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Pictured: Andriana Chuchman and dancers from the Joffrey Ballet. Photo by Todd Rosenberg.
By Elizabeth Ellis
It can be tricky at best to try to bring your loved one back from the dead. In Anthony Minghella’s charming and moving 1990 romantic comedy Truly Madly Deeply, Nina (Juliet Stevenson), devastated after the death of her lover, Jamie (Alan Rickman) finds a second chance with him after he amazingly reappears in corporeal form in their home. Jamie’s not exactly the same, however: he’s terribly cold all the time, and he invites his other dead friends into Nina’s home to watch videos all day and night. Eventually, Nina realizes that she has to move on with her life, and she lets Jamie go, with love.
This ancient tale of the attempt to bring love back from the afterlife forms the basis of the myth of Orpheus and Eurydice, and Christoph Willibald Gluck’s 18th century opera, given a stunningly beautiful interpretation by director John Neumeier and a joint effort from the Lyric Opera of Chicago and Joffrey Ballet Chicago. Whether you see this production as a ballet with vocal music or an opera with dance, it has created an admirable standard for future interdisciplinary artistic collaborations.
Neumeier has updated the basic tale by integrating the ballet into the story. Choreographer Orpheus (the fantastic Russian tenor, Dmitry Korchak, in his Lyric Opera debut) and his wife Eurydice (Canadian soprano Andriana Chuchman, gorgeous in both voice and interpretation), the dance company’s diva, enjoy a passionate and tempestuous relationship. After a fight at rehearsal, Eurydice drives off in anger and perishes in a car crash. Distraught and inconsolable, Orpheus, aided by his dance assistant, Amour (the wonderful and gamine soprano, Lauren Snouffer) faces the Furies of the underworld with a desperate request to bring Eurydice back to life. The Furies choose to grant Orpheus’ wish, but only on the condition that he not look upon Eurydice until they are reunited on earth, and keep this promise secret. Orpheus reluctantly agrees, but after Eurydice appears to him, she petulantly demands to know why he won’t look at her. Orpheus eventually gives in to his desire and loses Eurydice once again. Amour sees Orpheus grief-stricken again, intervenes with the gods to bring Eurydice back to earth, and the two lovers are finally and happily reunited.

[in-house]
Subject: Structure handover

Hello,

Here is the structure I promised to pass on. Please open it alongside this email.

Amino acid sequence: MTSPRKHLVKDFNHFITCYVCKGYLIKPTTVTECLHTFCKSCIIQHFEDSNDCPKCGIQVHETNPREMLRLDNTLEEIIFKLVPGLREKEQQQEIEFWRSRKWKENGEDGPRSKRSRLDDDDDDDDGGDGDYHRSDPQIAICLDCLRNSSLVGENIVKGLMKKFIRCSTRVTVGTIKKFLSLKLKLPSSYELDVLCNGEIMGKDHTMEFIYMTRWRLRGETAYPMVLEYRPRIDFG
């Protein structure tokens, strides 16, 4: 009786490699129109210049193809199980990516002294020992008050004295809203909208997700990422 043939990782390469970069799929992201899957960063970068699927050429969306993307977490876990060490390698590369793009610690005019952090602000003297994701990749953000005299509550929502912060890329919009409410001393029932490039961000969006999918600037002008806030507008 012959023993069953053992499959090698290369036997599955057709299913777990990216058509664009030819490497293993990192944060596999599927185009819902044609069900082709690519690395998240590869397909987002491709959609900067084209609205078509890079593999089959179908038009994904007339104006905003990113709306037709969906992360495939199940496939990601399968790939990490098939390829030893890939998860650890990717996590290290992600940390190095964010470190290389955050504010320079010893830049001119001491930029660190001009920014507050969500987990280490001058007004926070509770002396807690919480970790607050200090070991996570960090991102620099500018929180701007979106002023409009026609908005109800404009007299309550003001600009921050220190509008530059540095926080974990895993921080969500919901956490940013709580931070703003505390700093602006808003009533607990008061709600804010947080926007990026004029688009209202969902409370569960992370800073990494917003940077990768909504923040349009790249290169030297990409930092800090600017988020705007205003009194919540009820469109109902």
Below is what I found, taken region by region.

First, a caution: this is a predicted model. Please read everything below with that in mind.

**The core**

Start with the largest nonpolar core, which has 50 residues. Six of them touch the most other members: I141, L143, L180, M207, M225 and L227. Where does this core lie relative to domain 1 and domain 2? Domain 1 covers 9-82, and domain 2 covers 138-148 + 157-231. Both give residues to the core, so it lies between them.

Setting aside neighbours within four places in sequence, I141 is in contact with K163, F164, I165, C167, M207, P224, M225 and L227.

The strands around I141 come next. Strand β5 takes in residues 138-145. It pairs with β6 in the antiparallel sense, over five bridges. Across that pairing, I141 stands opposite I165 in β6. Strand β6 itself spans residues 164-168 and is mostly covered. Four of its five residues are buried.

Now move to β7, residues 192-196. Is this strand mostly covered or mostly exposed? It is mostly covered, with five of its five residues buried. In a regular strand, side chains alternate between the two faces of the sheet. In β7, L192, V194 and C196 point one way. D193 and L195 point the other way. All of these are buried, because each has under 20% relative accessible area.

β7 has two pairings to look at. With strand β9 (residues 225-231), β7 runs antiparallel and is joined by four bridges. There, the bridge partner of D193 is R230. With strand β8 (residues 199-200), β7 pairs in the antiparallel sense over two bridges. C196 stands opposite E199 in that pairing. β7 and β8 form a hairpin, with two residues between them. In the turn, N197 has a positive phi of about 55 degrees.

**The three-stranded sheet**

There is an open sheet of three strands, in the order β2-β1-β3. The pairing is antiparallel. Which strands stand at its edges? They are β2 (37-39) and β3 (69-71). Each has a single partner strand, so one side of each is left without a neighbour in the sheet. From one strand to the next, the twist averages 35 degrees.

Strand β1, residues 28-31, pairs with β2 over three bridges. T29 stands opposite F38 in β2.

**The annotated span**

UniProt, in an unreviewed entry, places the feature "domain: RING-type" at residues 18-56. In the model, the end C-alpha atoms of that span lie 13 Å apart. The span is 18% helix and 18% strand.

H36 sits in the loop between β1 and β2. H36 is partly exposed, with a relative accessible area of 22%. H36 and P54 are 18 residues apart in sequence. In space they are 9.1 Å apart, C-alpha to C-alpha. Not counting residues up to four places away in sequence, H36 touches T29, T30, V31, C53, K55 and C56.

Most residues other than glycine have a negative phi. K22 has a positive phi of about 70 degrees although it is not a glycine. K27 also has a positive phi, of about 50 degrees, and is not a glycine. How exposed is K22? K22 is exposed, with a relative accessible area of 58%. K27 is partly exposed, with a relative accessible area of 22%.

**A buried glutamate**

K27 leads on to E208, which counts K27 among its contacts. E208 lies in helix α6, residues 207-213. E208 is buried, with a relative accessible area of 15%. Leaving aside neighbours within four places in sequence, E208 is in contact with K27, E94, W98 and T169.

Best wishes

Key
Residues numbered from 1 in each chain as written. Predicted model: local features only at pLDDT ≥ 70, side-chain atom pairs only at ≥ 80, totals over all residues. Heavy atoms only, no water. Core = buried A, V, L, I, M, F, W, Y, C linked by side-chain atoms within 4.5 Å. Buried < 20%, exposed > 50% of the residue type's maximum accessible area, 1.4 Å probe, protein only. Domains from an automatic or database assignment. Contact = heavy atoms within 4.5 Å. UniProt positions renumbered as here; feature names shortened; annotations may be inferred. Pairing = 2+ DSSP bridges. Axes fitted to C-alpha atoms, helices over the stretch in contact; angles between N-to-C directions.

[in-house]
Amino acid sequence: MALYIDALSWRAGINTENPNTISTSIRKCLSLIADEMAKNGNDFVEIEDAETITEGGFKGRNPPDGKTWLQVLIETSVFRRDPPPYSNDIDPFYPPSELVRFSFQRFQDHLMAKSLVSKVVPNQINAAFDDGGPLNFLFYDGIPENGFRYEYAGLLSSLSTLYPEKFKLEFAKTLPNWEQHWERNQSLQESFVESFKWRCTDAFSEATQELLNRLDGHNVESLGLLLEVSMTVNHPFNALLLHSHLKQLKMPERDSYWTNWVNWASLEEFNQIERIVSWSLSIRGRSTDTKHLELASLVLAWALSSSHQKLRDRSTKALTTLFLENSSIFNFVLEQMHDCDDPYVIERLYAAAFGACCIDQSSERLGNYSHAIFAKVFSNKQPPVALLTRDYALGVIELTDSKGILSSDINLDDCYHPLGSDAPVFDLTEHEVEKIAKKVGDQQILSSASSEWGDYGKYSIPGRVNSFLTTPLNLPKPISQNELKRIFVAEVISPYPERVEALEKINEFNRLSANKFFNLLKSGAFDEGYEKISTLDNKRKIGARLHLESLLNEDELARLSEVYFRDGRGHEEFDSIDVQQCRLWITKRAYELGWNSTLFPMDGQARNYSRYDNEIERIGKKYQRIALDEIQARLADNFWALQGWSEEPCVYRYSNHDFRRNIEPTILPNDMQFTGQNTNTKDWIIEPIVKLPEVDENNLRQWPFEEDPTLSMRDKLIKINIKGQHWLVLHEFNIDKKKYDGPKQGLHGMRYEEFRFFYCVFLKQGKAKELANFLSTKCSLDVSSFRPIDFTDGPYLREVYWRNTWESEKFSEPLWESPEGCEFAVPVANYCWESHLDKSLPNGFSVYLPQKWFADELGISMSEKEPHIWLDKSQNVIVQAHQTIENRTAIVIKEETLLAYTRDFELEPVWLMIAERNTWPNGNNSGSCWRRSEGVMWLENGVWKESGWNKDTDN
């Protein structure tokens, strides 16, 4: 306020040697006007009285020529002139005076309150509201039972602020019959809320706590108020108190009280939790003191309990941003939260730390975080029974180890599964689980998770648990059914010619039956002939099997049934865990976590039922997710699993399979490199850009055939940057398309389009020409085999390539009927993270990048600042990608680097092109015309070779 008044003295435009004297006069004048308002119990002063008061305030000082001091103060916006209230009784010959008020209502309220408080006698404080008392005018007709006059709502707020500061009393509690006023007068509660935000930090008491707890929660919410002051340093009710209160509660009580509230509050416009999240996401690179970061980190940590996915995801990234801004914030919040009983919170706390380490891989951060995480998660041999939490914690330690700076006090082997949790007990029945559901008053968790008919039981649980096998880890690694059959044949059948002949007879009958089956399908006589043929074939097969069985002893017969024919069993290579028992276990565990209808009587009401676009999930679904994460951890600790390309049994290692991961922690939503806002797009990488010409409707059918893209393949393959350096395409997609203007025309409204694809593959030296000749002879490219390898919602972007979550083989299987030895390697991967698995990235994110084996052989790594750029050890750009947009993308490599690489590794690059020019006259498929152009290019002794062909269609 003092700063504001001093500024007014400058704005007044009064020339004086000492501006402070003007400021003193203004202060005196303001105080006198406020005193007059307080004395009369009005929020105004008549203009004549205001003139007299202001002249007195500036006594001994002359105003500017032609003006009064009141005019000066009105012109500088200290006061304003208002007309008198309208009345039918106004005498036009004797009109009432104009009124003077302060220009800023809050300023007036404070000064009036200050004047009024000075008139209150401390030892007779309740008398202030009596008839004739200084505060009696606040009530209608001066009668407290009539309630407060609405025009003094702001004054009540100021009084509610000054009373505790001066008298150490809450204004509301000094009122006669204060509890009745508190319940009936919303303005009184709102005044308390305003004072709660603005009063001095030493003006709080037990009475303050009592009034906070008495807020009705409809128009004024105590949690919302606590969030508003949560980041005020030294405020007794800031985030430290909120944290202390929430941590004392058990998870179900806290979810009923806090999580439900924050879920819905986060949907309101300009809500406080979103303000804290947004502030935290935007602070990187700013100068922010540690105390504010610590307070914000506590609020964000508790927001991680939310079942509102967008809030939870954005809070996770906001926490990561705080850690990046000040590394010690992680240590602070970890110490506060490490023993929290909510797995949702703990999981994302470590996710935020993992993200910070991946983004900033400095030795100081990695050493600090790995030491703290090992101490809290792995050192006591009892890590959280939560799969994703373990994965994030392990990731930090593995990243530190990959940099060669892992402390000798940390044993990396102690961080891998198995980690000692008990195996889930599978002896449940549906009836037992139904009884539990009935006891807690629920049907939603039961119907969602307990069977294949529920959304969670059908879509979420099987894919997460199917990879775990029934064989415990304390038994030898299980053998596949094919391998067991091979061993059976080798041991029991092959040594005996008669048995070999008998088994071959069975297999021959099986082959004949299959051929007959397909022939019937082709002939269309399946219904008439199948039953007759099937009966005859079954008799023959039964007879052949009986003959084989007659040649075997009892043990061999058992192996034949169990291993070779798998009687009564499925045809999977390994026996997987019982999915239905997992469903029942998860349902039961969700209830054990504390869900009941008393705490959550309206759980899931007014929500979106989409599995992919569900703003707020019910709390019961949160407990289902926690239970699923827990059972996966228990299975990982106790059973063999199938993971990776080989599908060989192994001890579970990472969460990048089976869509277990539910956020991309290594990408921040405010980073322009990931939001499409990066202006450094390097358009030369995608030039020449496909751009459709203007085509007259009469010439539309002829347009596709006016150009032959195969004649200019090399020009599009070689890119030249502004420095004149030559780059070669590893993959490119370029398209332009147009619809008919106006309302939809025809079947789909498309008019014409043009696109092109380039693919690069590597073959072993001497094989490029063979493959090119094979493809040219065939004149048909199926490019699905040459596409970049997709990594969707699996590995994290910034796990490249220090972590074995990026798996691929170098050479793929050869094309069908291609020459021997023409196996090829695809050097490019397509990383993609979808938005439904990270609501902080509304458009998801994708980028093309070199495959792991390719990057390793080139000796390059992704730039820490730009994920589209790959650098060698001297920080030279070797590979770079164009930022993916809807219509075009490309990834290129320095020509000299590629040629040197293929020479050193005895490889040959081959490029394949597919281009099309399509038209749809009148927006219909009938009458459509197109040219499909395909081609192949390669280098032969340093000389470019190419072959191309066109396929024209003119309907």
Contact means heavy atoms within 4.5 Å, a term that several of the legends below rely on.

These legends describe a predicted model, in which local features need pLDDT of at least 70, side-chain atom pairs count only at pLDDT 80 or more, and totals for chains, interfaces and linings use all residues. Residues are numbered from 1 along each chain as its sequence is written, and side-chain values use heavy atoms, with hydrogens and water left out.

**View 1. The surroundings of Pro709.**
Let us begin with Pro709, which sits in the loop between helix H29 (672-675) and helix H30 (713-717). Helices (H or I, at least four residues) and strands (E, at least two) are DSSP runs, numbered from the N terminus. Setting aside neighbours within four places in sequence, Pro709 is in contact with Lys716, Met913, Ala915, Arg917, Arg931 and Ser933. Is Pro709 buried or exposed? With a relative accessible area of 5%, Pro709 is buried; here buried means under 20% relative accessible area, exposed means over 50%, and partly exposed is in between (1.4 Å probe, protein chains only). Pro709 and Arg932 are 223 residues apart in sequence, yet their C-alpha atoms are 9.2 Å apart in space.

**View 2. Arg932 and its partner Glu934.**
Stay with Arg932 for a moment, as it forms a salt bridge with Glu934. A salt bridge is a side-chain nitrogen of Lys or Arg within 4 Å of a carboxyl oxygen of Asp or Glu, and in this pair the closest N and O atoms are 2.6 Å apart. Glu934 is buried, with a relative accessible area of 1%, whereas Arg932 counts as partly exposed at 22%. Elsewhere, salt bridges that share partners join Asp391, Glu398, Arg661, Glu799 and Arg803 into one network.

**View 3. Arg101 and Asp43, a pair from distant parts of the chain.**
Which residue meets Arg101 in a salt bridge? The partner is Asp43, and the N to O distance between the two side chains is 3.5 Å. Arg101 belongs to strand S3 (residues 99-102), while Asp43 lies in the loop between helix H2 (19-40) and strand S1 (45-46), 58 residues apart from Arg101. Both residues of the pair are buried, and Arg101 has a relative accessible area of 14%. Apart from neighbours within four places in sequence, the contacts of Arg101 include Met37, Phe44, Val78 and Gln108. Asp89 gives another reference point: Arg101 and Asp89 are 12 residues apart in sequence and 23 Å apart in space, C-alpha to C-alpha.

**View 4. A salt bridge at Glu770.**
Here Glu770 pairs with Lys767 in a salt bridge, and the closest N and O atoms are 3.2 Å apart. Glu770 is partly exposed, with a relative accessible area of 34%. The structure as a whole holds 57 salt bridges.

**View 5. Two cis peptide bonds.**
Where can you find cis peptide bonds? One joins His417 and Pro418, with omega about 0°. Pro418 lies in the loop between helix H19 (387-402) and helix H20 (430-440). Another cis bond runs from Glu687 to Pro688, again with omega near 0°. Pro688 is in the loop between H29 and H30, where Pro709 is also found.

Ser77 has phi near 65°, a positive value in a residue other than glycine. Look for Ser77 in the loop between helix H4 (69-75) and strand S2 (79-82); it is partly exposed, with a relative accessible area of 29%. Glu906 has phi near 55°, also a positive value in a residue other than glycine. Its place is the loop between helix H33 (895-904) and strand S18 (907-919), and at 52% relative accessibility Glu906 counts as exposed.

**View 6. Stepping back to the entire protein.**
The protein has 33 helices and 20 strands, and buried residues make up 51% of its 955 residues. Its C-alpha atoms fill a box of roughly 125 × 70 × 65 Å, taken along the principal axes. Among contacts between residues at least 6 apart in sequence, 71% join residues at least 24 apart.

The look of this production, with sets, lighting, and costumes all designed by Neumeier, has a sleek and minimalist feel that contrasts well with the passion displayed by the performers. Orpheus’ home is a slice of shades of gray, simply furnished with a bed; Hades is dark and beautiful and foreboding; Elysium is suggested by pale and rotating set pieces that bring to mind a modern beachfront mansion; and many of the dancers’ costumes suggest the clean lines and soft neutrals of clothing in a J. Crew catalog.The
The role of Orpheus in this 1774 version of ORPHÉE ET EURYDICE is notoriously difficult for most tenors, and Korchak gives a soaring and nuanced performance. Chuchman’s glorious soprano is matched by her graceful stage presence, and Snouffer’s winning Amour lights up the stage every time she appears. The Lyric singers and musicians provide a beautiful foundation to the onstage players, and the Joffrey dancers perfectly embody the many otherworldly spirits. Neumeier’s strikingly moving choreography is at once classic and fresh, appealing to both dance aficionados and novices alike.
Many supporters of the arts place the opera and the ballet low on their lists of preferred activities, seeing them as too highbrow, too inaccessible, too fancy for simpler tastes. With the familiar elements of love, loss, heartbreak, and reunion, this ORPHÉE ET EURYDICE is one of those unique and stellar productions that can expand old thoughts, change minds, and create new audiences.
ORPHÉE ET EURYDICE runs through October 15th. For more information visit lyricopera.org.